GM decision time enters home straight on Opel bids
Ready to do the deal – that’s what Magna says after months of negotiations to buy Opel. General Motors, less optimistic about a speedy signing, did confirm it had received an updated bid from Magna – Sberbank on Thursday morning, adding that it was expecting a similarly updated bid by rival, Ripplewood Holdings, or RHJ, sometime soon.
What's new in the latest offer?
GM had been reluctant to hand over its technology and designs, and the first Magna bid foundered on this issue. Metropol analyst, Mikhail Pak, believes that this is where the changes will be.
“Maybe they are trying somehow to formulate the agreement in a way that Magna will have a restricted access with its production to certain markets. Maybe it will not be able to produce some of the models or it might be able to use these technologies in some platforms but to a limited extent.”
GM may now get paid for its intellectual property rights. It also wants to retain access to Opel's parts market.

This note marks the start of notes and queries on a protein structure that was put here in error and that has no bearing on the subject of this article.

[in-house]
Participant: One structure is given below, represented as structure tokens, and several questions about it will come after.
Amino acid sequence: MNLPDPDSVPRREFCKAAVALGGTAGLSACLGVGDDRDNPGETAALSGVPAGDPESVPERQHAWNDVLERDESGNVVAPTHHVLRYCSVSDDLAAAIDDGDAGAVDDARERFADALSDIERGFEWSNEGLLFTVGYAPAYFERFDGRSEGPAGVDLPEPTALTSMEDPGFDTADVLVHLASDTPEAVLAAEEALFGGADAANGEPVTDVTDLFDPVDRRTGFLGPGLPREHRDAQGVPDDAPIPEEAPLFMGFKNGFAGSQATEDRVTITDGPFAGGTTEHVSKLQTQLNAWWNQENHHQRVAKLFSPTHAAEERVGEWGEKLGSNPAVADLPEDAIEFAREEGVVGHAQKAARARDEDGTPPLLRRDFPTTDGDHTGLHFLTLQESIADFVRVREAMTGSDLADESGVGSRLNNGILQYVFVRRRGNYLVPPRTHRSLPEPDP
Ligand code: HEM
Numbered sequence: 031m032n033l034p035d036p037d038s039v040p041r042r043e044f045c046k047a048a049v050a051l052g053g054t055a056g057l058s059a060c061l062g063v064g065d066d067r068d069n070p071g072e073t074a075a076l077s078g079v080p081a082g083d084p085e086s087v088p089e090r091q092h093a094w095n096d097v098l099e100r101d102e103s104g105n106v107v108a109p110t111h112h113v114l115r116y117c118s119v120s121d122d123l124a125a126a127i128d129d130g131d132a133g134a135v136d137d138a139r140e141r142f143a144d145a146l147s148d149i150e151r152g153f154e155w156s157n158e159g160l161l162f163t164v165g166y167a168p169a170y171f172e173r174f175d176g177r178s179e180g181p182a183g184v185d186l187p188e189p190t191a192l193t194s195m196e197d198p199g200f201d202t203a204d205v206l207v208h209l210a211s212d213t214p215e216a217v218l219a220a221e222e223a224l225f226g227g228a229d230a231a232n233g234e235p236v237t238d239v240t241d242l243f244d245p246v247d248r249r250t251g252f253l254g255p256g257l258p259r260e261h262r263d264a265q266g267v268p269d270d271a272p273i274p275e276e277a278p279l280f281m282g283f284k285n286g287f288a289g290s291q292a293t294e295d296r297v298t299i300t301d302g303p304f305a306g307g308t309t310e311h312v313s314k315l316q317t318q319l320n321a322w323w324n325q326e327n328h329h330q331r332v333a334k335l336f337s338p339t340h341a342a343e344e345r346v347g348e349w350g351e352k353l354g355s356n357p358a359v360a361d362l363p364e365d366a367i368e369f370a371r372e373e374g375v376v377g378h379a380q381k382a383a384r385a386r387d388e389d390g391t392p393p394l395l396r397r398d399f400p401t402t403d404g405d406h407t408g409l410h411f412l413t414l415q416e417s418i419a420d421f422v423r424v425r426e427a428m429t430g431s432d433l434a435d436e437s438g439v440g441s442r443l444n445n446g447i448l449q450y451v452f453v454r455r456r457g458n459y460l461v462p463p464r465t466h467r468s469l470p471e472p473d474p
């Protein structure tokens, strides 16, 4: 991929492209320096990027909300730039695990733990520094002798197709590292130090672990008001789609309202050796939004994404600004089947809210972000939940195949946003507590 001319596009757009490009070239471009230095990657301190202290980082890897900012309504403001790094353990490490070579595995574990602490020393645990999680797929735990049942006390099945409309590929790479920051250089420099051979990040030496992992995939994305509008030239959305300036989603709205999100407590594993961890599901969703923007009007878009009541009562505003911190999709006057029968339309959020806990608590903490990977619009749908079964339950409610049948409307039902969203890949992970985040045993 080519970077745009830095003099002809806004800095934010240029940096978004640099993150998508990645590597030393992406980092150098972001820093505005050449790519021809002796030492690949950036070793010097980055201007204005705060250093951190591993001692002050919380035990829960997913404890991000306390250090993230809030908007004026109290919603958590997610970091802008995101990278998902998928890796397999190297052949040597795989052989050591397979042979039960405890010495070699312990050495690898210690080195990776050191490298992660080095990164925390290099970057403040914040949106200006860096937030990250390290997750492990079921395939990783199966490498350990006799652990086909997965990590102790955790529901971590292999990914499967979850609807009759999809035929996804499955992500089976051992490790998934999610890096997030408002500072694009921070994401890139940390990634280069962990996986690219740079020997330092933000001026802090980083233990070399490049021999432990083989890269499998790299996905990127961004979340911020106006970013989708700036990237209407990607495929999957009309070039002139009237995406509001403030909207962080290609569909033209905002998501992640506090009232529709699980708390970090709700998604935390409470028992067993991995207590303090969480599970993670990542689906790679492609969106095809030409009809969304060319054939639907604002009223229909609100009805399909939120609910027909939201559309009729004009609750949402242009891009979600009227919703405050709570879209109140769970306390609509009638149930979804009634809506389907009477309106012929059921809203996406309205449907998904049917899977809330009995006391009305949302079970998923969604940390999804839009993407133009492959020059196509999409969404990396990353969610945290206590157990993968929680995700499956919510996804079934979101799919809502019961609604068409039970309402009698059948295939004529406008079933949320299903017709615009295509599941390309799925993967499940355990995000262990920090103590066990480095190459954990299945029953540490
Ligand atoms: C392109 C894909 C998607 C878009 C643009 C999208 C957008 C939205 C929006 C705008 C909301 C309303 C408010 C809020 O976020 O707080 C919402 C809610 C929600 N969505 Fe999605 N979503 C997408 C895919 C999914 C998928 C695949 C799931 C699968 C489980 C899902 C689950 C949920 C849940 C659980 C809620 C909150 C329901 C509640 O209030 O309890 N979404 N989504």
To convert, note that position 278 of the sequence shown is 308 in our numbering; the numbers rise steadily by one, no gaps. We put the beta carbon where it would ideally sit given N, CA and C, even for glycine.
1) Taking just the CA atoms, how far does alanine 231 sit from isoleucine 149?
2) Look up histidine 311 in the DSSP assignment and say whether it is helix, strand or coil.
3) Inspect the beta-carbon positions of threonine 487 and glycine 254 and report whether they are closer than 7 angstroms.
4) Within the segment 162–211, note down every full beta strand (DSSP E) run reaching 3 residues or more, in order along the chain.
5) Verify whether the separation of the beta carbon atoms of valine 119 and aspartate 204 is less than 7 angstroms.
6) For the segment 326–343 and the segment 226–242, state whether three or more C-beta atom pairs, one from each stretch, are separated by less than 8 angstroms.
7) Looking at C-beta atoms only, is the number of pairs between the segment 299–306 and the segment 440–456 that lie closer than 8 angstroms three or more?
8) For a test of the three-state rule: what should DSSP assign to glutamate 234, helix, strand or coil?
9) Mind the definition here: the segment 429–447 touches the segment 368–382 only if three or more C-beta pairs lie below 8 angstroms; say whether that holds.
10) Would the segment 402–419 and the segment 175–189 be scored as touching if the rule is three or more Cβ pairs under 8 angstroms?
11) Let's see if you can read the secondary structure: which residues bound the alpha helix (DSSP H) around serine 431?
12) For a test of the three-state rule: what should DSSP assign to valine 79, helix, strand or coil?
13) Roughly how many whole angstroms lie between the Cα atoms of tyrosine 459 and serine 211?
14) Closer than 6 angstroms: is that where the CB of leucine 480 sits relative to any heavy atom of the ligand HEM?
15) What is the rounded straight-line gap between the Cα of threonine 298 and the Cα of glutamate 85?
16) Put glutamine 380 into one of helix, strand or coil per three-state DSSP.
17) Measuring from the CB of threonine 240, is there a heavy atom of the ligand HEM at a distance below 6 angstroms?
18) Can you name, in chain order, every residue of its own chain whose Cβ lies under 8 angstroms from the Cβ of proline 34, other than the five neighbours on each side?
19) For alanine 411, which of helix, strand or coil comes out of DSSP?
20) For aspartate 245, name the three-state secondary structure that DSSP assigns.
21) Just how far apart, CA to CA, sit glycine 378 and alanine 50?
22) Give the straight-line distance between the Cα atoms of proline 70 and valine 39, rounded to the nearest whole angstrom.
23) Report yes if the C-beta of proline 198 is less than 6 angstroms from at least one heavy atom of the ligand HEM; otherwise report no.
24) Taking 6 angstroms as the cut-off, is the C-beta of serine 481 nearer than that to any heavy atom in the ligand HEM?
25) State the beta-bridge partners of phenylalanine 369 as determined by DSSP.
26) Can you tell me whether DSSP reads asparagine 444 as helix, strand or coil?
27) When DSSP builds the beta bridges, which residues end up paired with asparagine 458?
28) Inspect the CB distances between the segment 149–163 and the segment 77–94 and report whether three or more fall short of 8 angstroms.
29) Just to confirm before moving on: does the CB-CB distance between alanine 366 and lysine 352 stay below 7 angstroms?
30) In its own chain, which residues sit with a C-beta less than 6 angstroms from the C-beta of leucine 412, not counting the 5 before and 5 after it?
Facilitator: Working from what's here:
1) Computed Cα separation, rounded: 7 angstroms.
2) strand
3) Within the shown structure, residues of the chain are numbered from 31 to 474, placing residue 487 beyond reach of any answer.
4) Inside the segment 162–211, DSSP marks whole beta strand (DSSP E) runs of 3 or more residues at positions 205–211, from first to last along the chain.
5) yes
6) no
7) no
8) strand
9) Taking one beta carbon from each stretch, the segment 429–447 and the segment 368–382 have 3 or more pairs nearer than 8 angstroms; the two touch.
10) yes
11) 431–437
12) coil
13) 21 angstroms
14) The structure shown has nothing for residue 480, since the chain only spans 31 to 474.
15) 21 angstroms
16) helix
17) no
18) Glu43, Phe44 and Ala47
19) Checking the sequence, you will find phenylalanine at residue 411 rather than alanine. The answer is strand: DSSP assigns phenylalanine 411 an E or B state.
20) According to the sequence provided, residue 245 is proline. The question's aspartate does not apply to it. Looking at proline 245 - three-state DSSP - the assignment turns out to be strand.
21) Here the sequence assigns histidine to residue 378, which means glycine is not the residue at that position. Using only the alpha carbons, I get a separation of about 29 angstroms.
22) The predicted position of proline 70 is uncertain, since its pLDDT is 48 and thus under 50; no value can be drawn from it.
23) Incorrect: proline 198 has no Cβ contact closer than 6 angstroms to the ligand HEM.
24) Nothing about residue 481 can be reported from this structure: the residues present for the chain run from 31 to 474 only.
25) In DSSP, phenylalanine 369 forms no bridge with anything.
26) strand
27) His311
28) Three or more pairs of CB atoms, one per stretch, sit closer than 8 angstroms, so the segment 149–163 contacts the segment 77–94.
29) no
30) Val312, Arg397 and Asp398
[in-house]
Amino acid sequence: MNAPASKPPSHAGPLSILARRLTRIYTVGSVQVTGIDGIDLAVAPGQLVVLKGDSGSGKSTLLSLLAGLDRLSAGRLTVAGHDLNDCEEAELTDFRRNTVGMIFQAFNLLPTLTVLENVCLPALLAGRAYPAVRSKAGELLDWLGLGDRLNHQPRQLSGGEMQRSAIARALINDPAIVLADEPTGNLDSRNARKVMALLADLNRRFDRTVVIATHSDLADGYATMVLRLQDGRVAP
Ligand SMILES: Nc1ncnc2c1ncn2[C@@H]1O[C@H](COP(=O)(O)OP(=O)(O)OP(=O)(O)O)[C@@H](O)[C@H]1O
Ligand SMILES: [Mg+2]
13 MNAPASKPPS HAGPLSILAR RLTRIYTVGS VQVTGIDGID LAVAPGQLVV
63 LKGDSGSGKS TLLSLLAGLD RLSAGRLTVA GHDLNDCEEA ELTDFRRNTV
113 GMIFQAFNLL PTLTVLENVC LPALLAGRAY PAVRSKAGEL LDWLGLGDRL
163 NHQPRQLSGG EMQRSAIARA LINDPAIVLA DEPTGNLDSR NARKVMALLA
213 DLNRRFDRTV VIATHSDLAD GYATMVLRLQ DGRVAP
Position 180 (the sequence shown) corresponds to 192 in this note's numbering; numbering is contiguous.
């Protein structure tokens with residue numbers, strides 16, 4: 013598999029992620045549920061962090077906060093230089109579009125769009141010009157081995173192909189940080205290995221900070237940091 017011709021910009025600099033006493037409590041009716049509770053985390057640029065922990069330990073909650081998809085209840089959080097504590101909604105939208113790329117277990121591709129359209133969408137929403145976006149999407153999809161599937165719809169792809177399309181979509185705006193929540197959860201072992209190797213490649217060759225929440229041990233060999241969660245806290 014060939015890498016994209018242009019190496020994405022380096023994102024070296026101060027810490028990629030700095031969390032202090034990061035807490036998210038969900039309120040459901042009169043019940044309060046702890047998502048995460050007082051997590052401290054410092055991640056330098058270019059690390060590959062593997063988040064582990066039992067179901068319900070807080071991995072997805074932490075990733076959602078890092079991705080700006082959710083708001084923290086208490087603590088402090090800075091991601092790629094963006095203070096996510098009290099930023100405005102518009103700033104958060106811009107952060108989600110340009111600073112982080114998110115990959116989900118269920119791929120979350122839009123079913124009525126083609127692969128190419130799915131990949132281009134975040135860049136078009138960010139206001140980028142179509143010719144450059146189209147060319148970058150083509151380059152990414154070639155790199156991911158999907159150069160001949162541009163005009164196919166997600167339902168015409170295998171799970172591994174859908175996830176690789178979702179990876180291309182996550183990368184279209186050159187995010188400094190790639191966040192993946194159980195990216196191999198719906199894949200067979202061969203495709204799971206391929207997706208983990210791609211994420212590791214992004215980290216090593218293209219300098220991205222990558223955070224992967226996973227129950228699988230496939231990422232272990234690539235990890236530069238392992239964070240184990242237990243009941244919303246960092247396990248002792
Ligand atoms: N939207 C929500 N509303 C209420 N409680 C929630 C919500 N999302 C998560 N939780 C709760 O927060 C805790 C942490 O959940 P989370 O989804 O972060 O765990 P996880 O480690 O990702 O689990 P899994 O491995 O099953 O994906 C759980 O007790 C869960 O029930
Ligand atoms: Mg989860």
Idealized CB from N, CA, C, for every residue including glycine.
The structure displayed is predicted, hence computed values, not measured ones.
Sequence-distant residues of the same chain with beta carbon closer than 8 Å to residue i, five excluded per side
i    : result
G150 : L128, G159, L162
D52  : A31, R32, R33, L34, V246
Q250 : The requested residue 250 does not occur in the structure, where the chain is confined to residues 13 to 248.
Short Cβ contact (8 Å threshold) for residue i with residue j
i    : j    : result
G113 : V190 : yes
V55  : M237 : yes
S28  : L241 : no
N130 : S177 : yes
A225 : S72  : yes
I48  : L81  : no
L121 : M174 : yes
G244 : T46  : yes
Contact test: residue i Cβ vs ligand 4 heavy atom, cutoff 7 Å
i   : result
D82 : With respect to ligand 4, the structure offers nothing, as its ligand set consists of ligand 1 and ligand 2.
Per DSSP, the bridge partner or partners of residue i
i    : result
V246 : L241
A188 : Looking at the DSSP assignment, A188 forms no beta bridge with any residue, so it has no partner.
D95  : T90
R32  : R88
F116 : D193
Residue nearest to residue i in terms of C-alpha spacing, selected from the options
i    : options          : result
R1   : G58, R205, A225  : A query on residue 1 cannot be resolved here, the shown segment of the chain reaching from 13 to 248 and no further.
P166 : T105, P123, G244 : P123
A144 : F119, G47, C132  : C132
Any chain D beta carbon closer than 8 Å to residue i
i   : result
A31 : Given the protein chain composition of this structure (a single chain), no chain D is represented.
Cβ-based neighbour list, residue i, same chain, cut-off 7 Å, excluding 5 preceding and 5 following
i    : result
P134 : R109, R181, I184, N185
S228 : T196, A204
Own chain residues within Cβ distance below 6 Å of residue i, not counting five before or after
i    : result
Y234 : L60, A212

Finally, it's looking for new financial commitments from the German government – which is currently bankrolling Opel. Christoph Stuermer, Automotive Expert at HIS Global Insight says a decision and handover could take some time.
“The German state has deep enough pockets to just keep Opel running further for as much time as they need. I think it’s still going to take a couple of days before we will have a definite decision and then the closing and the handover will take another couple of weeks if not months. I don’t expect anything to happen before fall.”
The German government clearly favours the Russo-Canadian bid, but it's still a close race, with RHJ believed to be asking for less government guarantee. Magna and Sberbank are offering to pay about 500 million euro for a combined 55% stake in Opel, which would leave GM and employees as shareholders.